2. Description of Related Art

A confocal microscope according to the related art is disclosed, for example, in Japanese Unexamined Patent Application, Publication No. HEI-8-271792 and US Patent Application No. 2004/0113059.

Japanese Unexamined Patent Application, Publication No. HEI-8-271792 discloses a confocal microscope in which laser light is two-dimensionally scanned with two galvanometer mirrors, and fluorescence returning via the galvanometer mirrors is detected with a light detector such as a photomultiplier tube.

US Patent Application No. 2004/0113059 discloses a confocal microscope in which a digital mirror array device and a one-axis galvanometer mirror are provided in a common light path of illumination light and detection light, and a beam having a straight-line shape in cross-section is imaged on the digital mirror array device. Laser light is two-dimensionally scanned on the surface of a specimen based on the on/off operation of the digital mirror array device and the rocking motion of the galvanometer mirrors, and fluorescence returning via the digital mirror array device and the galvanometer mirror is detected by a one-dimensional line sensor.

However, when the laser light is two-dimensionally scanned with the galvanometer mirror, because the driving speed of the galvanometer mirror is delayed, a comparatively long time is required for acquiring one single image, which is not compatible with observing a fast response of the specimen.

Also, when the fluorescence is emitted from the specimen surface and returns via the galvanometer mirror, the focal position of the fluorescence focused on the light detector or the line sensor does not move, and therefore, when constructing an image, it is necessary to synchronize the light detector or the line sensor with the scanning position of the galvanometer mirror and/or the digital mirror array device. Therefore, it is necessary to perform complicated control of the light detector or the line sensor, and it is thus not possible to directly use, for example, a commercially available two-dimensional CCD camera.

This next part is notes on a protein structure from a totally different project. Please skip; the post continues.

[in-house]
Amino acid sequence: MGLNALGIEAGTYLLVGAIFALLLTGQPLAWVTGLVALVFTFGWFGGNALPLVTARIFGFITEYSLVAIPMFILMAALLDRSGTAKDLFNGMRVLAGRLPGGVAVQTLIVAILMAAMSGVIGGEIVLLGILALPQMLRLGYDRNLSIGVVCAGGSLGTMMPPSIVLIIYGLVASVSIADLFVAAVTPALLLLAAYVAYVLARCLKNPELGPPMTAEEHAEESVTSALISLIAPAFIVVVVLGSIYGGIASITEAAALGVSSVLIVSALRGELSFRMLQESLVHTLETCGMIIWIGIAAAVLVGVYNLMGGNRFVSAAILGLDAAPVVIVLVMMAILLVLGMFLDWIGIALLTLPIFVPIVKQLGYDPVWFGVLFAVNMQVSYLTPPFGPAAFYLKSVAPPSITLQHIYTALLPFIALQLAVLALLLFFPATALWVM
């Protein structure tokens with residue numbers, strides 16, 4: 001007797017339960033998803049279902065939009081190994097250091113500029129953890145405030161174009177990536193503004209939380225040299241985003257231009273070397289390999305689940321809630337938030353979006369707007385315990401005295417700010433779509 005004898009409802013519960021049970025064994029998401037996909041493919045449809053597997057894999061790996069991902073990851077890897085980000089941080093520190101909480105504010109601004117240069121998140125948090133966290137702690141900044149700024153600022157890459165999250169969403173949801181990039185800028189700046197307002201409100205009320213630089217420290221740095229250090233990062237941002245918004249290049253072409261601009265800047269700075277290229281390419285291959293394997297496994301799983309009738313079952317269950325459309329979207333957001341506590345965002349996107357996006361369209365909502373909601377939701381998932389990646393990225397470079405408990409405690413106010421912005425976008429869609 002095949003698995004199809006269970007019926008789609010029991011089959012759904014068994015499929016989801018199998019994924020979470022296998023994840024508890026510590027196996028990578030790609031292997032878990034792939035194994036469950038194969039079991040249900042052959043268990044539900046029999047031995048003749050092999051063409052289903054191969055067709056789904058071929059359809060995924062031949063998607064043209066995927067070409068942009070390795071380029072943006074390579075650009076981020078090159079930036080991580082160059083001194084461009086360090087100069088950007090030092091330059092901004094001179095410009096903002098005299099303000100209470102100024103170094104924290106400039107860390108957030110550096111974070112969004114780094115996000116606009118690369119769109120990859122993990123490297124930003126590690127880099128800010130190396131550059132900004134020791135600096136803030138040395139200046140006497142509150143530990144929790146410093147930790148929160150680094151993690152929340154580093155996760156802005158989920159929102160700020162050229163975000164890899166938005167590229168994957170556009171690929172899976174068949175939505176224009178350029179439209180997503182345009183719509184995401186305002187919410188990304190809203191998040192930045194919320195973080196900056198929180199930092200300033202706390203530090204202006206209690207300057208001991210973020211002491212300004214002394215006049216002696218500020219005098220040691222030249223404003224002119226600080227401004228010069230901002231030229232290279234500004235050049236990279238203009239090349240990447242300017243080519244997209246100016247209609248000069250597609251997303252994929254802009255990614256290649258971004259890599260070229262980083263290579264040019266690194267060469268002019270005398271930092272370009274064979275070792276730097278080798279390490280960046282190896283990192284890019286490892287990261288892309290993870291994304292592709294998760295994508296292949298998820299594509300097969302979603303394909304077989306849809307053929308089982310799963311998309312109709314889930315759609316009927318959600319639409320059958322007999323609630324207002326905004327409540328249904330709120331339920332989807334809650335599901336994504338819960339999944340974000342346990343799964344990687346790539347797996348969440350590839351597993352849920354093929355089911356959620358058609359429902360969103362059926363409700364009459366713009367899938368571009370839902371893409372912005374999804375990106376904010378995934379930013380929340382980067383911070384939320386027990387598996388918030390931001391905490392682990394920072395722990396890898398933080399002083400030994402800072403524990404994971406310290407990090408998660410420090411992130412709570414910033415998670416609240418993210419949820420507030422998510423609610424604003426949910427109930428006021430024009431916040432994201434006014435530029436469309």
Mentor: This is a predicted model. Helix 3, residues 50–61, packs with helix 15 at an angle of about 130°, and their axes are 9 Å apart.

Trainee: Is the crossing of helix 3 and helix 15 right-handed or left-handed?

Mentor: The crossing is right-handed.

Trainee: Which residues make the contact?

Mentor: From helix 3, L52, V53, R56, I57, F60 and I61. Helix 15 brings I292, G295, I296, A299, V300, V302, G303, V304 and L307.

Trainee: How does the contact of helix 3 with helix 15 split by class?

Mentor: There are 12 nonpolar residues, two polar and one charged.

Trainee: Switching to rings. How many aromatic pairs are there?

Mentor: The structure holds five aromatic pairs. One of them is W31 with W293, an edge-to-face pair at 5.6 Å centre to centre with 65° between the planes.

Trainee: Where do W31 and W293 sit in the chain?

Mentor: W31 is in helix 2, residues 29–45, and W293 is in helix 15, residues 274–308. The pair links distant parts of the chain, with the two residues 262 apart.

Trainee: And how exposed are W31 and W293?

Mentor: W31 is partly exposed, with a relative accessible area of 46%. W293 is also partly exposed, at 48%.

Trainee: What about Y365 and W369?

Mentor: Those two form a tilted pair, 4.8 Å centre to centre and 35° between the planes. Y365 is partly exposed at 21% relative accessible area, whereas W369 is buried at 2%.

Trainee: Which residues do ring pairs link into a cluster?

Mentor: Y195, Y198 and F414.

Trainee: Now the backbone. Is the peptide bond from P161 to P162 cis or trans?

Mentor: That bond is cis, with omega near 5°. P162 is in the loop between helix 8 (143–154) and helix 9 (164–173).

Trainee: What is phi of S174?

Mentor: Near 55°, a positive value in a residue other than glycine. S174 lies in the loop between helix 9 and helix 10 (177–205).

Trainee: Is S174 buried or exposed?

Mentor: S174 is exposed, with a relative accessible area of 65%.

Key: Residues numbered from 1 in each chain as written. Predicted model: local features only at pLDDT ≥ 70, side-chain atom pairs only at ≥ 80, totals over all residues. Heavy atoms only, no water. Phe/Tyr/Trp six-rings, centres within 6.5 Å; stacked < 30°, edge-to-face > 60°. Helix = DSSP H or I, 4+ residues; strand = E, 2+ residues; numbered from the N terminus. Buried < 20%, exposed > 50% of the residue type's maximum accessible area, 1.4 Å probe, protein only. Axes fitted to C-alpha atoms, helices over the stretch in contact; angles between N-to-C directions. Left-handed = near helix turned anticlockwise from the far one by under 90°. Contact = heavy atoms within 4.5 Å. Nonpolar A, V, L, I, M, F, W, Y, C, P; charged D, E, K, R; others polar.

BRIEF SUMMARY OF THE INVENTION

The present invention provides a confocal microscope and a multiphoton excitation microscope which can acquire a high-resolution confocal image or multiphoton-excitation image and which can use a commercially available CCD camera.

A first aspect of the present invention is a confocal microscope comprising a light source; a light scanning unit configured to scan illumination light from the light source in one direction on a specimen; an array device in which are two-dimensionally arrayed a plurality of elements whose light reflecting or transmitting state can be electrically controlled; a line-beam generating unit configured to image the illumination light from the light source in the form of a line extending, on the array device, in a direction intersecting a scanning direction of the light scanning unit; an objective lens configured to image the illumination light reflected or transmitted at the array device on the specimen; a beamsplitter, between the array device and the light scanning unit, configured to split off from the illumination light detection light returning from the specimen via the objective lens and the array device; a two-dimensional image-acquisition unit configured to acquire the detection light split off by the beamsplitter; and a control unit configured to control the light scanning unit and the array device, wherein the array device is disposed in an optically conjugate positional relationship with a focal plane of the objective lens, and the control unit performs control so as to synchronize the light scanning unit and the array device.